Financial tools like investment funds, life and disability insurance, mortgages, credit cards, lines of credit, education plans, pensions and casualty insurance are readily available and easily arranged. The simplicity in acquiring them hides their innate complexity and their potential misuse.
The financial services industry is generally unbalanced. The clients tend to know much less about the particular tool than does their advisor. That is acceptable up to a point. Knowing the complexity of a disability insurance plan may be unnecessary, but knowing what it does, when it does it, its limitations and the reasons this particular version has been chosen should not be outside the client’s view.
Both client and advisor have an implicit understanding that the client will have help with anything they need and the advisor will have the information needed to provide that help. That works up to the point where the advisor does not know what is going on with the client or has left the industry. Frequent communication is an essential part of the relationship.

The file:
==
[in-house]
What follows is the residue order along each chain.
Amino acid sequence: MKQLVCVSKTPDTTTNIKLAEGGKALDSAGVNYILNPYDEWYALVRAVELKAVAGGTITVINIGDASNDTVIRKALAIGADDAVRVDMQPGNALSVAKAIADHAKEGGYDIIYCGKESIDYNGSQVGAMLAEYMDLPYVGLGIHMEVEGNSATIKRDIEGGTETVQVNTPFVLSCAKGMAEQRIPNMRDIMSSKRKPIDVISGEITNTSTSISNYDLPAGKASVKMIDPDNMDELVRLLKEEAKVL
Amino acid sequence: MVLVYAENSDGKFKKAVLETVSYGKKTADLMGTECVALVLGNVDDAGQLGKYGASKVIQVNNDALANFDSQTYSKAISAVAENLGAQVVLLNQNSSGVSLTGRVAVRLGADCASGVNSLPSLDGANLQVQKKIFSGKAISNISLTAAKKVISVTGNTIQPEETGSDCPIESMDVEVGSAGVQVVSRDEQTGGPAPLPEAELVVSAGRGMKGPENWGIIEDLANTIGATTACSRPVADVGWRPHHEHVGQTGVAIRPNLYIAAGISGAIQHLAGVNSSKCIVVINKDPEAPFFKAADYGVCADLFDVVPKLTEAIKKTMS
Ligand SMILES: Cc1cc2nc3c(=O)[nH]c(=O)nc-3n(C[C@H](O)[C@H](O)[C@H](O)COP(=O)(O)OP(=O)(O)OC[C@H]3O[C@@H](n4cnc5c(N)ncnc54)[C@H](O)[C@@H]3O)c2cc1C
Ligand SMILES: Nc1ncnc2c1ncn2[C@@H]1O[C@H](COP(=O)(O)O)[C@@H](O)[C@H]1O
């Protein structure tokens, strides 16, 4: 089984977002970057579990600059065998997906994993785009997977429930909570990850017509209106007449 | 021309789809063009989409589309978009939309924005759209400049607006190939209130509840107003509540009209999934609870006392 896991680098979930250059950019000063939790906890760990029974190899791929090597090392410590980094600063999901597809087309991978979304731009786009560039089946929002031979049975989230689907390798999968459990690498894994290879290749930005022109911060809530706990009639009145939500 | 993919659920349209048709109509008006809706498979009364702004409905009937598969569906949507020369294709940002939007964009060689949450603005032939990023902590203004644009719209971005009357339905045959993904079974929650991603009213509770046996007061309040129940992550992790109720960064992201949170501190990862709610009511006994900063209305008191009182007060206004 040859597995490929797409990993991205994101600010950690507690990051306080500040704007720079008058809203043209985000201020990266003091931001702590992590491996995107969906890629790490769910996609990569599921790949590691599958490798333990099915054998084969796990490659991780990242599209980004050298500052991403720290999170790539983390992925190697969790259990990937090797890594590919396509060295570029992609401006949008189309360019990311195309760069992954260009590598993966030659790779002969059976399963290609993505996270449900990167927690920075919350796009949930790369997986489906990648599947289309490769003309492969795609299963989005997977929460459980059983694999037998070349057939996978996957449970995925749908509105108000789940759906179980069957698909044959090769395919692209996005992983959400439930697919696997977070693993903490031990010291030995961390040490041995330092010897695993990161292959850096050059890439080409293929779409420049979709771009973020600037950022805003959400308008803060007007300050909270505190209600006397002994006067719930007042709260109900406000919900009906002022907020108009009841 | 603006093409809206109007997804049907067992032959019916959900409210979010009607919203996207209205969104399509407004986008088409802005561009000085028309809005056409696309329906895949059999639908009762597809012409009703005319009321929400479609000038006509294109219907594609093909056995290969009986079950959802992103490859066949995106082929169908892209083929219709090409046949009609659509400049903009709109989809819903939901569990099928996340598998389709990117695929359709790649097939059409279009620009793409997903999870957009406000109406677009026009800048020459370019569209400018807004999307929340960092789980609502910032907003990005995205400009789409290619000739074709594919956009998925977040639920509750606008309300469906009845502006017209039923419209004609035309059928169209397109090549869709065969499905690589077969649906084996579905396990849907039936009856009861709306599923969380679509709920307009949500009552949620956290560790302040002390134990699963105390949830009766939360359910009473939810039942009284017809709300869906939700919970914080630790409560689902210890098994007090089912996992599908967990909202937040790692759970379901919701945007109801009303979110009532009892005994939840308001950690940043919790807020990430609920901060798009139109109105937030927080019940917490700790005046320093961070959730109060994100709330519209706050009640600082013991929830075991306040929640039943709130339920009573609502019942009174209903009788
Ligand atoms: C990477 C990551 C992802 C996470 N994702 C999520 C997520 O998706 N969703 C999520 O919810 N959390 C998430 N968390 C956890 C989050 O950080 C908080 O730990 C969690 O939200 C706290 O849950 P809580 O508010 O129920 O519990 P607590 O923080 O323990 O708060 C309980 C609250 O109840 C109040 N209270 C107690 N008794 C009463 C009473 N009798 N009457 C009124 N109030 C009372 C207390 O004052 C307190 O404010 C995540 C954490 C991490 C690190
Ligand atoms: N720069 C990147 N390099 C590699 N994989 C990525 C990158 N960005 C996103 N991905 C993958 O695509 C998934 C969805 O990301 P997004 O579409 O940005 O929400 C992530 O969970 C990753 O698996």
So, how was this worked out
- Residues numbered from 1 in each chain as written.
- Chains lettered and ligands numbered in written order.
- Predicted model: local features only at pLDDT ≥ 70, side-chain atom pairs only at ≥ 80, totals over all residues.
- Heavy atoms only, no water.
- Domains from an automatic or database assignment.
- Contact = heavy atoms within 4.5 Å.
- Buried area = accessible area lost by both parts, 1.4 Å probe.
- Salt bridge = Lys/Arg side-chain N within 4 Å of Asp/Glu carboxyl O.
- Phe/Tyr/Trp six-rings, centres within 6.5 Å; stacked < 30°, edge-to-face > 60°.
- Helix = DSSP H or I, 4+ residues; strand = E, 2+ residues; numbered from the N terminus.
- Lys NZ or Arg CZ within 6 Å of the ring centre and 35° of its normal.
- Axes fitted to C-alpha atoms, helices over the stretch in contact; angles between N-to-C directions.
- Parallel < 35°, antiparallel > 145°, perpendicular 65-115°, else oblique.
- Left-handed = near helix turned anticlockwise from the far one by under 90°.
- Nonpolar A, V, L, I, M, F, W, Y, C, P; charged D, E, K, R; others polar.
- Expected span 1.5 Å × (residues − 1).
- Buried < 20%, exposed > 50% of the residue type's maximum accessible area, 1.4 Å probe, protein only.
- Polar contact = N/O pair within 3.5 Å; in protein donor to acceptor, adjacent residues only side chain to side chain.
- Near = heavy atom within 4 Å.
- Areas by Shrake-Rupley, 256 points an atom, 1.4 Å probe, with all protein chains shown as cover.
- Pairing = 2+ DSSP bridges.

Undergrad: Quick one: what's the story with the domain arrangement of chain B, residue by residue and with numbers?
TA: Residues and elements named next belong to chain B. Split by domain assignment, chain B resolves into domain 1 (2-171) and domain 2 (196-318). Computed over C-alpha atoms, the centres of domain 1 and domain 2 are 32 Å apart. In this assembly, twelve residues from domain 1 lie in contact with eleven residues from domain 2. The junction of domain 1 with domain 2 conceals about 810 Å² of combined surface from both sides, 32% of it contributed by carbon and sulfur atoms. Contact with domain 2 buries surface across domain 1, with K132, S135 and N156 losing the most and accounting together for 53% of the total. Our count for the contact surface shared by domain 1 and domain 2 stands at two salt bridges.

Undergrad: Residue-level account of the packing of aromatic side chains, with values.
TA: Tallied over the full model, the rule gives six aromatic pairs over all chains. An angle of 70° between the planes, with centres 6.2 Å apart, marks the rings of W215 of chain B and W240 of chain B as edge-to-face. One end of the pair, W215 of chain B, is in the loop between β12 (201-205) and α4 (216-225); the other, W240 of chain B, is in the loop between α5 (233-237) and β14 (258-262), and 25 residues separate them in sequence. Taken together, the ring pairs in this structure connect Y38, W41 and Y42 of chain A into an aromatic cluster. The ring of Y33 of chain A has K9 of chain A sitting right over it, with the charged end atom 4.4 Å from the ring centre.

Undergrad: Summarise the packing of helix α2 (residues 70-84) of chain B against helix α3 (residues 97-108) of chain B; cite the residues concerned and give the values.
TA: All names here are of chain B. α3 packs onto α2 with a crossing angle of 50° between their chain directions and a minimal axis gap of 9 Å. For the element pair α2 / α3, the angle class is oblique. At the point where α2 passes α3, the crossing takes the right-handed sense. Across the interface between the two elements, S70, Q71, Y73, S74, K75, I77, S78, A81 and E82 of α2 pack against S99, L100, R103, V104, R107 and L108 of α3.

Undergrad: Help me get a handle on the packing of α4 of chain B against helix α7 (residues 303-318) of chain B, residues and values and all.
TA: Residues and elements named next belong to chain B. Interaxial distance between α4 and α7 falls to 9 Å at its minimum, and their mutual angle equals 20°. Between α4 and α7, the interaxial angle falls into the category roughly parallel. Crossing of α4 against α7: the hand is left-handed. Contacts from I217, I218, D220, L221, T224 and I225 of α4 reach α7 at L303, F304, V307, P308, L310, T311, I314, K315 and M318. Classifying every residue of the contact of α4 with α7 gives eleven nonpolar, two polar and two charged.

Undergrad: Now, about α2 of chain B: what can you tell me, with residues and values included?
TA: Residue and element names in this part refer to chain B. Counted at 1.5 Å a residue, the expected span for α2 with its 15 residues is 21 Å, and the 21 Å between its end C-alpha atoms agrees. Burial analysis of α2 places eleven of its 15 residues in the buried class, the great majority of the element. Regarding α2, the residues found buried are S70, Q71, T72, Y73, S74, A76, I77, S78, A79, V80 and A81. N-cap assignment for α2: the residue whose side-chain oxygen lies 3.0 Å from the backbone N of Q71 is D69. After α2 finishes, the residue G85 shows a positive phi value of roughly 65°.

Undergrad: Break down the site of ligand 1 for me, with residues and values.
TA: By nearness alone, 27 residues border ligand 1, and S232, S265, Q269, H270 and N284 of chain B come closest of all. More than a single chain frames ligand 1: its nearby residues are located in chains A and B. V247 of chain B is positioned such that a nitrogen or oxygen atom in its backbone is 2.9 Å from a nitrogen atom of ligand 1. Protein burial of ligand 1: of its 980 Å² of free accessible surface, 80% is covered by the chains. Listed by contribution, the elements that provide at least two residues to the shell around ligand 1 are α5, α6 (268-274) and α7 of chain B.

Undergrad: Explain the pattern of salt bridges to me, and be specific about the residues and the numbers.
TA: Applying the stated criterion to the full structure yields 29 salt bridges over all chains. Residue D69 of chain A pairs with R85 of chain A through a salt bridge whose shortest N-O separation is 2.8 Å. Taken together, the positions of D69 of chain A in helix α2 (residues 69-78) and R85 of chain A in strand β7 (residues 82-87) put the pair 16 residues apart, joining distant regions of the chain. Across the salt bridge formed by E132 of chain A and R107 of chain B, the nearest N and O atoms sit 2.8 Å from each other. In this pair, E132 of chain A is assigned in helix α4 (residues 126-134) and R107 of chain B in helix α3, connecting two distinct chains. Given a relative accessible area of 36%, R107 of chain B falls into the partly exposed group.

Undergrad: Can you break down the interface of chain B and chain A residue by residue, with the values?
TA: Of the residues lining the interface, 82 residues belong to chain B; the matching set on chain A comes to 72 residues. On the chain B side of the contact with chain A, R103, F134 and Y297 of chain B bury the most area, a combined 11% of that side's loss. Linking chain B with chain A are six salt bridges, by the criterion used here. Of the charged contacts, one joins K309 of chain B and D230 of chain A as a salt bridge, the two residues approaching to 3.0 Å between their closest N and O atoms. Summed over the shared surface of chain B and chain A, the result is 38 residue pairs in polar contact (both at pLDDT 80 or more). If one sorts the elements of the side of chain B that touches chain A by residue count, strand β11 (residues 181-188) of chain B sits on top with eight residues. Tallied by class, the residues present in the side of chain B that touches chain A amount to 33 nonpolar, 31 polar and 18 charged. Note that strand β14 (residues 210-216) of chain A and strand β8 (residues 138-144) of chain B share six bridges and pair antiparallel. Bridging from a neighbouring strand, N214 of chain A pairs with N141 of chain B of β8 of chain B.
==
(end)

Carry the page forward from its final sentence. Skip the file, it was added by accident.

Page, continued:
Some people make assumptions about what is covered. Off work with a heart attack is covered, but off work with anxiety or depression is not, should not be an assessment the client, (or the advisor) makes. Insurance companies have claims adjusters to answer that question. Do not try to do their job.
Large companies tend to pay claims more readily and that should be a consideration when arranging coverage. It is good to know who you deal with and their record. Many will give you information on claims handling and disposition.
Pay some attention to the background. Investment fund history is often distorted by a unique event. Averages mislead. Fire and liability insurance are far more complicated than the average person believes. You do not want to discover deficiencies later.
As a general rule, consider this.
“Solutions that come before understanding
usually end poorly.”
Because solutions and problems interact and if the client does not understand the solution in context of the problem it solves, they will eventually make a mistake. Clients need to know what the tool does and what that means for them.
Take some time to explain the tool in context of the problem and possible future situations. A well-informed client is a better client.
Don Shaughnessy is a retired partner in an international public accounting firm and is now with The Protectors Group, a large personal insurance, employee benefits and investment agency in Peterborough Ontario.